P-51 H (Mustang V)

Getting there: XP-51F, G & J

Final result: the P-51H

Design changes

Production

Too late for combat

Specifications

Serial numbers

 

 

Final result: the P-51H

The Packard Motor Car Company had done its own development on the Rolls Royce Merlin engine and came up with the
V-1650-9 version. It was capable of delivering a war emergency power (WEP) of 1,900 hp at 20,000 ft. Packard said they could deliver the new engine in late 1944 and so this engine was chosen to power the next production Mustang: the P-51H.

The ultimate and last mass produced Mustang was a result of several lightweight prototypes, the XP-51F, XP-51G and
XP-51J. The USAAF decided to commit to the Packard V-1650-9 powered P-51H instead of committing to the earlier lightweight prototypes which were not regarded as entirely practical for combat use. The P-51H wore NAA designation
NA-126 and was as far as design is concerned closest to the XP-51F. It was ordered into production in June of 1944 and was to be the main fighter for the invasion of Japan . An order of 1,000 P-51H Mustangs was approved on June 30th, 1944.

 

Design changes

The P-51H differed a lot from the P-51D, so practically no parts from the P-51D line were usable in the P-51H. Most noticeable changes in design were:

 

  • The wing had a straight leading edge, so the famous leading edge kink of the D-model was removed. The wing also had a new aerofoil with an even newer low-drag laminar flow profile.
    Courtesy of In Action 45 - P-51 Mustang by Squadron/Signal Publications
  • Smaller landing gear and wheels.
    Courtesy of In Action 45 - P-51 Mustang by Squadron/Signal Publications
  • The wheels had new disc brakes.
  • A taller tail to deal with lateral stability problems.
  • The fuselage was a bit more slender and length increased by two feet to 33.33 ft.
  • The belly scoop inlet profile was not angled any longer but square like the first P-51s.
    Courtesy of In Action 45 - P-51 Mustang by Squadron/Signal Publications
  • The oil cooler was removed from the radiator group, removing the long and vulnerable oil pipes. The oil passed through a heat exchanger mounted on the front of the oil tank and next to the engine intercooler. The flow of glycol carried away the heat from the oil.
  • The chin scoop was decreased in size.
    Courtesy of In Action 45 - P-51 Mustang by Squadron/Signal Publications
  • The engine mounts were incorporated into the structural engine cradle, saving weight.
  • The engine was a Rolls Royce Merlin V-1650-9, featuring a water-methanol injection for power boost with a WEP to 2,200 at 10,200 ft
  • The propeller was an 11'1" four-blade Aeroproducts propeller. The blades are wider and keep approximately the same width over almost the whole blade. It also has rounded tips.
  • Armament was the same as the P-51D, but now had removable ammo boxes and a redesign of the ammo doors to save time reloading and scratching of the wing. Rounds were 1,880 total.
  • Fuel in the fuselage tank was decreased to 50 gallons, the total internal fuel capacity was 255 US gallons.
  • The canopy was redesigned and saw the “hump” moved forward. The pilot sat higher for a better 8° deflection angle using the gunsight.
    Courtesy of In Action 45 - P-51 Mustang by Squadron/Signal Publications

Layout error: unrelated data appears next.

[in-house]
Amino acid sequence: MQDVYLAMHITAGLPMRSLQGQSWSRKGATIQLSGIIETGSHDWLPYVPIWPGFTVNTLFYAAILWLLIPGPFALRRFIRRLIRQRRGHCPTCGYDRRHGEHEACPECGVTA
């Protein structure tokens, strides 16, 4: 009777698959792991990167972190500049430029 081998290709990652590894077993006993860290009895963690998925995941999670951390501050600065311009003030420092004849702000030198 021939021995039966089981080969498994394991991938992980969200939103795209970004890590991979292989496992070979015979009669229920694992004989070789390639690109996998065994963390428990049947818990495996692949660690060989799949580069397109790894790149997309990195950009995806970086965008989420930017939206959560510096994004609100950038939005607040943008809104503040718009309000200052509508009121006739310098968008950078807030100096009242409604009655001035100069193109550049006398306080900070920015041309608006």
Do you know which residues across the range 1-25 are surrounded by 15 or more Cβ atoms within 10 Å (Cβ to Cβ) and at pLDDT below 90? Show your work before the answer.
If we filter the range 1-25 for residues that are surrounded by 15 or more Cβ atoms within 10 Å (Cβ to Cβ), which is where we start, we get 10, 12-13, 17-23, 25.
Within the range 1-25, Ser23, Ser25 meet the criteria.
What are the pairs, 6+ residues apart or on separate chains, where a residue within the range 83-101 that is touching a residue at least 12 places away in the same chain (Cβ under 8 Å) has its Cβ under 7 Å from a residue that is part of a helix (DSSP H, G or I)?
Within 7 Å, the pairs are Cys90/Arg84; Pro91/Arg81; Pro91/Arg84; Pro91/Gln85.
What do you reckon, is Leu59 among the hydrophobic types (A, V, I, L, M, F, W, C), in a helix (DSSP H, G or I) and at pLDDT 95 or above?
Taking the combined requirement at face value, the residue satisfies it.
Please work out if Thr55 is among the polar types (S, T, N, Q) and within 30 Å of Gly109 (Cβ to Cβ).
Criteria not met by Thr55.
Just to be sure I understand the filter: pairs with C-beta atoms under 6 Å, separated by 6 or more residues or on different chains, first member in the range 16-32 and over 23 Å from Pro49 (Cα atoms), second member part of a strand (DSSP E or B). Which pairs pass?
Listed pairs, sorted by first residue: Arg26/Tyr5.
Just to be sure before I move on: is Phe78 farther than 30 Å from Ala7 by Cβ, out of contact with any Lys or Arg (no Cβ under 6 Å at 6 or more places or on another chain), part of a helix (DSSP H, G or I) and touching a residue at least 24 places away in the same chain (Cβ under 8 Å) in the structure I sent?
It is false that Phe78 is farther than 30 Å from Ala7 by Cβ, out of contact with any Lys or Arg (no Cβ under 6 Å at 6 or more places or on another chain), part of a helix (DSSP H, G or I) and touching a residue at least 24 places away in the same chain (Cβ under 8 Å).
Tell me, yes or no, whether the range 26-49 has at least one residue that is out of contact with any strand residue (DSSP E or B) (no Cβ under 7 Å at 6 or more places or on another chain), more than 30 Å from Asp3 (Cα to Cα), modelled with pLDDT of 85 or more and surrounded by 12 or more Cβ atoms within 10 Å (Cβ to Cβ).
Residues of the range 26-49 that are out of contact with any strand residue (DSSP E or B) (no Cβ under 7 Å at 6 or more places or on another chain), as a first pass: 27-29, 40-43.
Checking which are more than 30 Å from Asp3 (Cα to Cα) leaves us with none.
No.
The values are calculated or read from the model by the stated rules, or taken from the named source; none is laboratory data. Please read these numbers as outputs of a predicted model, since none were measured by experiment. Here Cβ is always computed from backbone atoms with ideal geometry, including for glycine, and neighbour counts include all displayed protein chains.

• The cockpit panel was improved and simplified.
  • The fuselage skins were lighter and thinner.

All these changes made the P-51H the fastest production mustang with a top speed of 487mph (784 kph) at 25,000 ft (7,600 meters).

Photo by NAA

 

Production

The P-51H first flew on February 3rd , 1945, piloted by Bob Chilton. This P-51H-1NA (44-64160) was wrecked just three days later when the prop failed.

Nevertheless, production began as it was to complement the P-47N as the lead fighter in the invasion of Japan . The USAAF ordered 2,000 examples of the P-51H.

The H-model did not start out as the “tall tail Mustang”. The first 20 P-51H-1NAs were built with the normal D-model tails. These were later retrofitted with the taller tails. The taller tails were incorporated into production H-models starting with the
P-51H-5NA block.

As with previous P-51s, both production facilities of NAA would be used. The P-51H versions built at Inglewood were designated NA-126 and NA-129 (known as P-51L, it was the same as the NA-126 but with minor differences and a new Merlin V-1650-11 engine). The order was for 555 NA-126s and 1,445 NA-129s. The H-models at Texas were given designation NA-124 (P-51M) and had the V-1650-9A engine and a Hamilton Standard propeller.

Production continued and 221 P-51Hs (20 -1NAs, 280 -5NAs and 255 -10NAs) were delivered by July 30th and 370 by VJ Day in early September.

Photo by USAF

 

Too late for combat

Because of the end of the war, orders for 1,445 more were cancelled and production was cut short. Only 555 of the P-51H (NA-126 batch) versions were built at Inglewood and only one single P-51M rolled out of the Texas plant (45-11743). All other unfinished airframes were scrapped.

One P-51H was given to the RAF for evaluation (KN987)

The P-51H was delivered to some units in the Pacific before VJ Day, but not a single one actually saw any combat action. In the later Korean war, the heavier and stronger D-models were preferred over the H-models.

Only 5 P-51Hs survived, 2 are display quality only, 2 are airworthy and the last is in restoration to be airworthy. One of the XP-51G prototypes does exist and is in a long term restoration with John Morgan in California . This G model was saved by chance and fast action while on its way to the scrapper.

Photo by Victor G. Archer

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